Chronic infections of the small intestine

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Purpose of review

Chronic infections of the small intestine cause significant morbidity and mortality globally. This review focuses on the recent advances in the field of our understanding of selected intestinal infections.

Recent findings

Primary and secondary immunodeficiency increase the susceptibility to many chronic intestinal infections. Endoscopy and intestinal biopsies are central to establishing a diagnosis of these conditions. Tuberculosis (TB) remains a major global health challenge. Emerging therapeutic agents to counteract multidrug-resistant strains have shown clinical efficacy, but concerns regarding mortality remain. PCR-based diagnostic TB tests have the potential to reduce diagnostic delays, but remain to be validated for intestinal infections. Adjunctive diagnostic imaging modalities can differentiate infections from Crohn's disease with increasing accuracy. Whipple's disease remains rare, but there have been substantial advances in our understanding of the causative organism Tropheryma whipplei. Extended treatment with broad-spectrum antibiotics is effective in most cases. The narrow therapeutic window and limited armamentarium for treating invasive filamentous fungal infections contribute to their significant morbidity and high rates of mortality.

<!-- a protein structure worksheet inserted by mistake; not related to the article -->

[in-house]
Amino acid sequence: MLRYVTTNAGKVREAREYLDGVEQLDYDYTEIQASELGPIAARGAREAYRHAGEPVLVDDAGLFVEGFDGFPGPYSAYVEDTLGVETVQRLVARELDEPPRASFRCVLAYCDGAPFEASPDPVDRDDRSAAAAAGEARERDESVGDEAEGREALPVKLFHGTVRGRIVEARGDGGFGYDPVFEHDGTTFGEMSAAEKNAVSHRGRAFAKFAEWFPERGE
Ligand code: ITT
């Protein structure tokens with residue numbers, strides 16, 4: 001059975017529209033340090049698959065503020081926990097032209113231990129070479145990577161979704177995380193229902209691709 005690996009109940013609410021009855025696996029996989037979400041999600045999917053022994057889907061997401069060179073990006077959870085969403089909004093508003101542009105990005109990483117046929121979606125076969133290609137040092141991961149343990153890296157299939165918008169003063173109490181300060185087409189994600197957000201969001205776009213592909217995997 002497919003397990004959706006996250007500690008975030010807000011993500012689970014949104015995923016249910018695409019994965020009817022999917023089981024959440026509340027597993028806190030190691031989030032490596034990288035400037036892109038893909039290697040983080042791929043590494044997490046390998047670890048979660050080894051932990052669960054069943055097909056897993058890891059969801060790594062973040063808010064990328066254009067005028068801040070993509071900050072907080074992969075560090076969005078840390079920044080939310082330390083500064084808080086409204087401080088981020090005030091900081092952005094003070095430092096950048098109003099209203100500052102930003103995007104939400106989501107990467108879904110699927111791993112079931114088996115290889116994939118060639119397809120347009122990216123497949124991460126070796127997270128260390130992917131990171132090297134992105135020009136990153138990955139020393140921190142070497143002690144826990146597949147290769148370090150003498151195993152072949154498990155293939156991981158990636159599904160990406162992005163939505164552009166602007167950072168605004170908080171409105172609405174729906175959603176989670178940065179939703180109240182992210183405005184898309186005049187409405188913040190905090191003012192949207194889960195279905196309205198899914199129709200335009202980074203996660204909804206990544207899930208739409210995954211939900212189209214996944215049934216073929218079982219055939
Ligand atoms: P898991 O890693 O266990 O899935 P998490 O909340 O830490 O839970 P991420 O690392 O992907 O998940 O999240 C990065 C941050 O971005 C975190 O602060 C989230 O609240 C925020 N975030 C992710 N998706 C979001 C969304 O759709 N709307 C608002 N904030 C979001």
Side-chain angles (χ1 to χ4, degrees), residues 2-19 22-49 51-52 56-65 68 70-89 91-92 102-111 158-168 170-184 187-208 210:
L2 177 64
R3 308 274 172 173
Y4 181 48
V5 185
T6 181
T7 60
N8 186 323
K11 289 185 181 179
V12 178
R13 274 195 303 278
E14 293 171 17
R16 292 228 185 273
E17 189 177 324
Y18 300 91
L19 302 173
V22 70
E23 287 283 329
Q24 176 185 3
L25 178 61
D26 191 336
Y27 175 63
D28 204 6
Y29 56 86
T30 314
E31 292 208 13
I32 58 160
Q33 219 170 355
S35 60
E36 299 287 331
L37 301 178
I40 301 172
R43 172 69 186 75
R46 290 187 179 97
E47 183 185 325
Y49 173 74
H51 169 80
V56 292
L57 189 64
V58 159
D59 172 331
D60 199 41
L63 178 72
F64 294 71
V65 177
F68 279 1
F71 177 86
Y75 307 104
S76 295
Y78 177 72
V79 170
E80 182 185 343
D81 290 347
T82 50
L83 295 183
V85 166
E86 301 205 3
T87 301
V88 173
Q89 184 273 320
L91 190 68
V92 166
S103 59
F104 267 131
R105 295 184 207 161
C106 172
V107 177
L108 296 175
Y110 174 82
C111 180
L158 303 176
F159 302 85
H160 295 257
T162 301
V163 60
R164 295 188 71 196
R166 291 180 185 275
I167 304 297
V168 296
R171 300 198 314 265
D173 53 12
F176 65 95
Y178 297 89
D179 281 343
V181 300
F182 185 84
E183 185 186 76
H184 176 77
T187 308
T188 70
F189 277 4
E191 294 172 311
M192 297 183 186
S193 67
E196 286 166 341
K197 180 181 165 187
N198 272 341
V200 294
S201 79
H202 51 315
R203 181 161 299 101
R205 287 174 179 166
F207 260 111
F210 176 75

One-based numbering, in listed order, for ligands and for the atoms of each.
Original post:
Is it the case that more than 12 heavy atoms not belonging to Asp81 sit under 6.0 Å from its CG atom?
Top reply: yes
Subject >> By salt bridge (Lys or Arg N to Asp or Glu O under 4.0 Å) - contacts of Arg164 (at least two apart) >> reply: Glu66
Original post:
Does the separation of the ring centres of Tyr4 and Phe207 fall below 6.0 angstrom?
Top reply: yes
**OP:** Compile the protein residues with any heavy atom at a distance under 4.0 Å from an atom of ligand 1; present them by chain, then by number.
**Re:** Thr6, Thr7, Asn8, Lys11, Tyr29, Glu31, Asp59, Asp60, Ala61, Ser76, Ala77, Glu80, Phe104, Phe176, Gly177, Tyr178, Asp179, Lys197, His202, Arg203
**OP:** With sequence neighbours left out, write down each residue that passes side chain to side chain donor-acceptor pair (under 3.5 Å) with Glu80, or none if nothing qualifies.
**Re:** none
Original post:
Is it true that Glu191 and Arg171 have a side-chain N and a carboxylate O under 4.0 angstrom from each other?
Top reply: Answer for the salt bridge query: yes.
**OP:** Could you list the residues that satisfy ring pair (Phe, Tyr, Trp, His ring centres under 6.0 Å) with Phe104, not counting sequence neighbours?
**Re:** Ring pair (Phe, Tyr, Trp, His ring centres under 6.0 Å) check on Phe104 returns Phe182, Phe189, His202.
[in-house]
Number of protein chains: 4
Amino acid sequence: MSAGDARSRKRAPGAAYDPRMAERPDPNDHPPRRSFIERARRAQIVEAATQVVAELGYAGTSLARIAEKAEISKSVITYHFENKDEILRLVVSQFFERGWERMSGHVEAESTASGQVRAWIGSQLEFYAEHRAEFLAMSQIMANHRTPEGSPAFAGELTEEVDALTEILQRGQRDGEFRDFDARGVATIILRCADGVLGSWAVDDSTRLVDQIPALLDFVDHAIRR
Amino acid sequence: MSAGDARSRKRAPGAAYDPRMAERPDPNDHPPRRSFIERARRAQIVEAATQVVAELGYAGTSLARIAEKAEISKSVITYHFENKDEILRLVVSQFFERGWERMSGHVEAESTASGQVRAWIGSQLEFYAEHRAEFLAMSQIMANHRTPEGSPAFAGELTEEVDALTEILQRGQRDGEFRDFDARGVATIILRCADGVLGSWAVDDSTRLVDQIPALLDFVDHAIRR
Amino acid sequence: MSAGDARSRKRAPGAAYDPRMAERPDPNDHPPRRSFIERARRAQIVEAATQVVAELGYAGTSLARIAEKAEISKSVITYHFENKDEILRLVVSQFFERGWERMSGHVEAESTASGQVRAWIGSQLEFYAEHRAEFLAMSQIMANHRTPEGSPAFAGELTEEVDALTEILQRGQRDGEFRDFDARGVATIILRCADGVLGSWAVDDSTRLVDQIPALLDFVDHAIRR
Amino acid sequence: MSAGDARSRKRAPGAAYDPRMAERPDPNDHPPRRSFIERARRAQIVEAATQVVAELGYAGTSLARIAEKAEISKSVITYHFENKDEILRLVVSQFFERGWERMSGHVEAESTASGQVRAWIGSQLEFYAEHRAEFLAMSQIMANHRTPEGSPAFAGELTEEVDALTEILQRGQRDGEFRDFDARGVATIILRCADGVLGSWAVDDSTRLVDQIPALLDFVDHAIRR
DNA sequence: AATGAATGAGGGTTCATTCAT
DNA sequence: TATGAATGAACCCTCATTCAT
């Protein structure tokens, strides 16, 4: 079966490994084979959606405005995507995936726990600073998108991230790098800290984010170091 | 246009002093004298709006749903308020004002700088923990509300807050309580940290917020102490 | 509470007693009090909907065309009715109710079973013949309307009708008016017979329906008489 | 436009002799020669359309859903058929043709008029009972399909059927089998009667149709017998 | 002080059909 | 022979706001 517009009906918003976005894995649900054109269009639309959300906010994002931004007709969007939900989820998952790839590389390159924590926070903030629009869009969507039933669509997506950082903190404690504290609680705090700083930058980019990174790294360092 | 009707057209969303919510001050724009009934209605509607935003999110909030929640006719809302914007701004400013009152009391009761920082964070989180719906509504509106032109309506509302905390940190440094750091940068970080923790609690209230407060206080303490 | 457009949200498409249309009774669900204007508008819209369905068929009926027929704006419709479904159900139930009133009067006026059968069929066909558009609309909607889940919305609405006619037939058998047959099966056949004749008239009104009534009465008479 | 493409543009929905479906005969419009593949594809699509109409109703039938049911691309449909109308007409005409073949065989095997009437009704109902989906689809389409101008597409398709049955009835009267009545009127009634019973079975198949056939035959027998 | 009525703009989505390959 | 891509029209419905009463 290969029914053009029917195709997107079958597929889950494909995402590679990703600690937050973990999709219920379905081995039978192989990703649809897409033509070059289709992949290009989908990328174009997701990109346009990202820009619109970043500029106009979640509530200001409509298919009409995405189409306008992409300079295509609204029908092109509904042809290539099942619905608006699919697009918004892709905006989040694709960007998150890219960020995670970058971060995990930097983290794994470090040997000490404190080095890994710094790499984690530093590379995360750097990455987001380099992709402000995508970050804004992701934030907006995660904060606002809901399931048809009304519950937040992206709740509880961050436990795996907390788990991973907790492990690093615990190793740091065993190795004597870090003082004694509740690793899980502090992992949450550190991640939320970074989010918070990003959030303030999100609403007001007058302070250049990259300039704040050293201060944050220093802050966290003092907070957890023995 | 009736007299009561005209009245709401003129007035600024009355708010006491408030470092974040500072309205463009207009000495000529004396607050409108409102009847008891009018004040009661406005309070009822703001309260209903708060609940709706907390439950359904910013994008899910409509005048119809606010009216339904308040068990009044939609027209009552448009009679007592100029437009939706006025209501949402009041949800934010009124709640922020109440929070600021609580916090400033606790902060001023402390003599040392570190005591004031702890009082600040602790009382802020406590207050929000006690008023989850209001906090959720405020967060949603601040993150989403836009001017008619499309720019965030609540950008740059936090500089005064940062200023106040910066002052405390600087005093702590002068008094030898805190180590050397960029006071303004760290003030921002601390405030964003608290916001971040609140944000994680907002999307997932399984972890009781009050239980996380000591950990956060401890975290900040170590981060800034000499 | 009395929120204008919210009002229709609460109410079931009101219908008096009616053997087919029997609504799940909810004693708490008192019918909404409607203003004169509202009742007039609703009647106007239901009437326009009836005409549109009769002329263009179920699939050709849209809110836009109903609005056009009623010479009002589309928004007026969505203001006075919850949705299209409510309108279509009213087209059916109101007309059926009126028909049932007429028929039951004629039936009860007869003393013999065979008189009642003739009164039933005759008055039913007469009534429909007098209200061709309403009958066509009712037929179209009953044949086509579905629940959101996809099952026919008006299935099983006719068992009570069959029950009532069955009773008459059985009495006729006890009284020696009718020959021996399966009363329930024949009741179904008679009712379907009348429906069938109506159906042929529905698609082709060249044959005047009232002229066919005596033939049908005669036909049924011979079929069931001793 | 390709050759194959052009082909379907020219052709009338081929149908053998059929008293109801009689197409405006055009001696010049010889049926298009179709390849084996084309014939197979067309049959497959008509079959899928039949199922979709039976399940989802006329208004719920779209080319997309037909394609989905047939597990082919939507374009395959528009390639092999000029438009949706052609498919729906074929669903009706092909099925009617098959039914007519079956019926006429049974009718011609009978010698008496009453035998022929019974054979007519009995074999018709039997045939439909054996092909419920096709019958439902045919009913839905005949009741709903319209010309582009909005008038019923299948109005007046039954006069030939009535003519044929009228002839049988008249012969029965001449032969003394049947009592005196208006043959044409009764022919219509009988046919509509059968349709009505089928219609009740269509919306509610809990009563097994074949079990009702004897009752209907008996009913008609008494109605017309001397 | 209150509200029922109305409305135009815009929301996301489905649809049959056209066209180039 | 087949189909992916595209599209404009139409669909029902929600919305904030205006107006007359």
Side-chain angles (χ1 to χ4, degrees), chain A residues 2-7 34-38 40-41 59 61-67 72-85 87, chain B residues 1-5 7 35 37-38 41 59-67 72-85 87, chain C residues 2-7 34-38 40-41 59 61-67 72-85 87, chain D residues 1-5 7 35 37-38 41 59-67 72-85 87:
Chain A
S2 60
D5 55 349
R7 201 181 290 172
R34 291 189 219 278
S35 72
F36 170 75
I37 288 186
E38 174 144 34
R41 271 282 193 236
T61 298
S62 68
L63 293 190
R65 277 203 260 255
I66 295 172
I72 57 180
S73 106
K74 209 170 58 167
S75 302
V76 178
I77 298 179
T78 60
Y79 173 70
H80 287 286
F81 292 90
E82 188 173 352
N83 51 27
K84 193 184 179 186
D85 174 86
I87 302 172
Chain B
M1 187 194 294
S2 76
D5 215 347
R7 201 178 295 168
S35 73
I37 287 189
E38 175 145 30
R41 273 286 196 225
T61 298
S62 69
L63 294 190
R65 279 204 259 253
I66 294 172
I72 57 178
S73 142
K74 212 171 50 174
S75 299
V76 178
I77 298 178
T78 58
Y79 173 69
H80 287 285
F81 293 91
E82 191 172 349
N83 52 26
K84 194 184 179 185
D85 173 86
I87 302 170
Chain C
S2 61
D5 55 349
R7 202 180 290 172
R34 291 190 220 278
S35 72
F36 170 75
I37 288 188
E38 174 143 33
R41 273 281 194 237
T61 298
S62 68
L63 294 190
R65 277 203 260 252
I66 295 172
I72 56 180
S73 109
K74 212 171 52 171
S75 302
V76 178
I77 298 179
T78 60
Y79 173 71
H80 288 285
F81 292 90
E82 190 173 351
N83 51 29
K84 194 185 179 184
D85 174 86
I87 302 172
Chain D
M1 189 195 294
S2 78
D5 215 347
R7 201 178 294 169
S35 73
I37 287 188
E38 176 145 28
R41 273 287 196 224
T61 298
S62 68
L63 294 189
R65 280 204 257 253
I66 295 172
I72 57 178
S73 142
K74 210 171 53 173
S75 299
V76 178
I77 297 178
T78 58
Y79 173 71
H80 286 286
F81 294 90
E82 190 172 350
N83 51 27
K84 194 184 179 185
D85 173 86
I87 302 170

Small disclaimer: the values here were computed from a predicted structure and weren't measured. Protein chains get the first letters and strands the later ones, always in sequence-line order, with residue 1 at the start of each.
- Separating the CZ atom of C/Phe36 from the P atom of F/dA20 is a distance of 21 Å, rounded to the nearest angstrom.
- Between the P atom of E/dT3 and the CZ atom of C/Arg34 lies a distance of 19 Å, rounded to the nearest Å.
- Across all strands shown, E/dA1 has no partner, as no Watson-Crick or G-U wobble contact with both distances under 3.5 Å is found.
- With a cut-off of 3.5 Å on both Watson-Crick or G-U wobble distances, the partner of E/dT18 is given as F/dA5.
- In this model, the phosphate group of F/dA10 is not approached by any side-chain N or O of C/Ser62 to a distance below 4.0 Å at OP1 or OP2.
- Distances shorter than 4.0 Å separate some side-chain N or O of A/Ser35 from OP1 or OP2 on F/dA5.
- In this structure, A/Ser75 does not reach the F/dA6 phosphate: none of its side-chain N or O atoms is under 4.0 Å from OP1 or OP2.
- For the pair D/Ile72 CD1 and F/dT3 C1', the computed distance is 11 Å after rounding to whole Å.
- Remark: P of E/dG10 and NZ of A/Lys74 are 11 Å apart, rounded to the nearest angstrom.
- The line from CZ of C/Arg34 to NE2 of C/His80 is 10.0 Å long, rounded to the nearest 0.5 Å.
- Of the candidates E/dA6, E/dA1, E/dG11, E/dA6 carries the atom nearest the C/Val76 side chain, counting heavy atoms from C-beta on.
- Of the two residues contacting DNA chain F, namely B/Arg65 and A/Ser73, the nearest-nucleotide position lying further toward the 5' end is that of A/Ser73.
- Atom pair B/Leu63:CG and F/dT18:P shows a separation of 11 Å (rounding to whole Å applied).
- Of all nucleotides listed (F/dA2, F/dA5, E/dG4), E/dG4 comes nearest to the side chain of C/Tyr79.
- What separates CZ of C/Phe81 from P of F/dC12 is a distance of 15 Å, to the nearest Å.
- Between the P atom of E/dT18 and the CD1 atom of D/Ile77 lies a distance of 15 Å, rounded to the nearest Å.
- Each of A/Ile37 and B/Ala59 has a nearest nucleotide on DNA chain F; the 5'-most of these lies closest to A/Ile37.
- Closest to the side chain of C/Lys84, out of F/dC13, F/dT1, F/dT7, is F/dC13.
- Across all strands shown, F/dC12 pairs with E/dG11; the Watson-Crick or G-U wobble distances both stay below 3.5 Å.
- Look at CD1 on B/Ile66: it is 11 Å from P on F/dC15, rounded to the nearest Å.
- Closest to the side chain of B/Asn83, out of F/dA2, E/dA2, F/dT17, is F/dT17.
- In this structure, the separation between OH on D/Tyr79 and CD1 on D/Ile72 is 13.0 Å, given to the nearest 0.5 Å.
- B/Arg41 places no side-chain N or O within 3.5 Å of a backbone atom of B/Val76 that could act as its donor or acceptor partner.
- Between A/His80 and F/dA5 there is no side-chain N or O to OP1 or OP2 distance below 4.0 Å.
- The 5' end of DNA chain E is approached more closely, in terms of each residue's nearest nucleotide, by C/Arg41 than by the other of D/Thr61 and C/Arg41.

The speed and accuracy of diagnosing chronic intestinal infections have improved with recent imaging and laboratory methodologies. Significant research opportunities remain for clinicians and scientists to improve the diagnostic accuracy and clinical outcomes of chronic intestinal infections.

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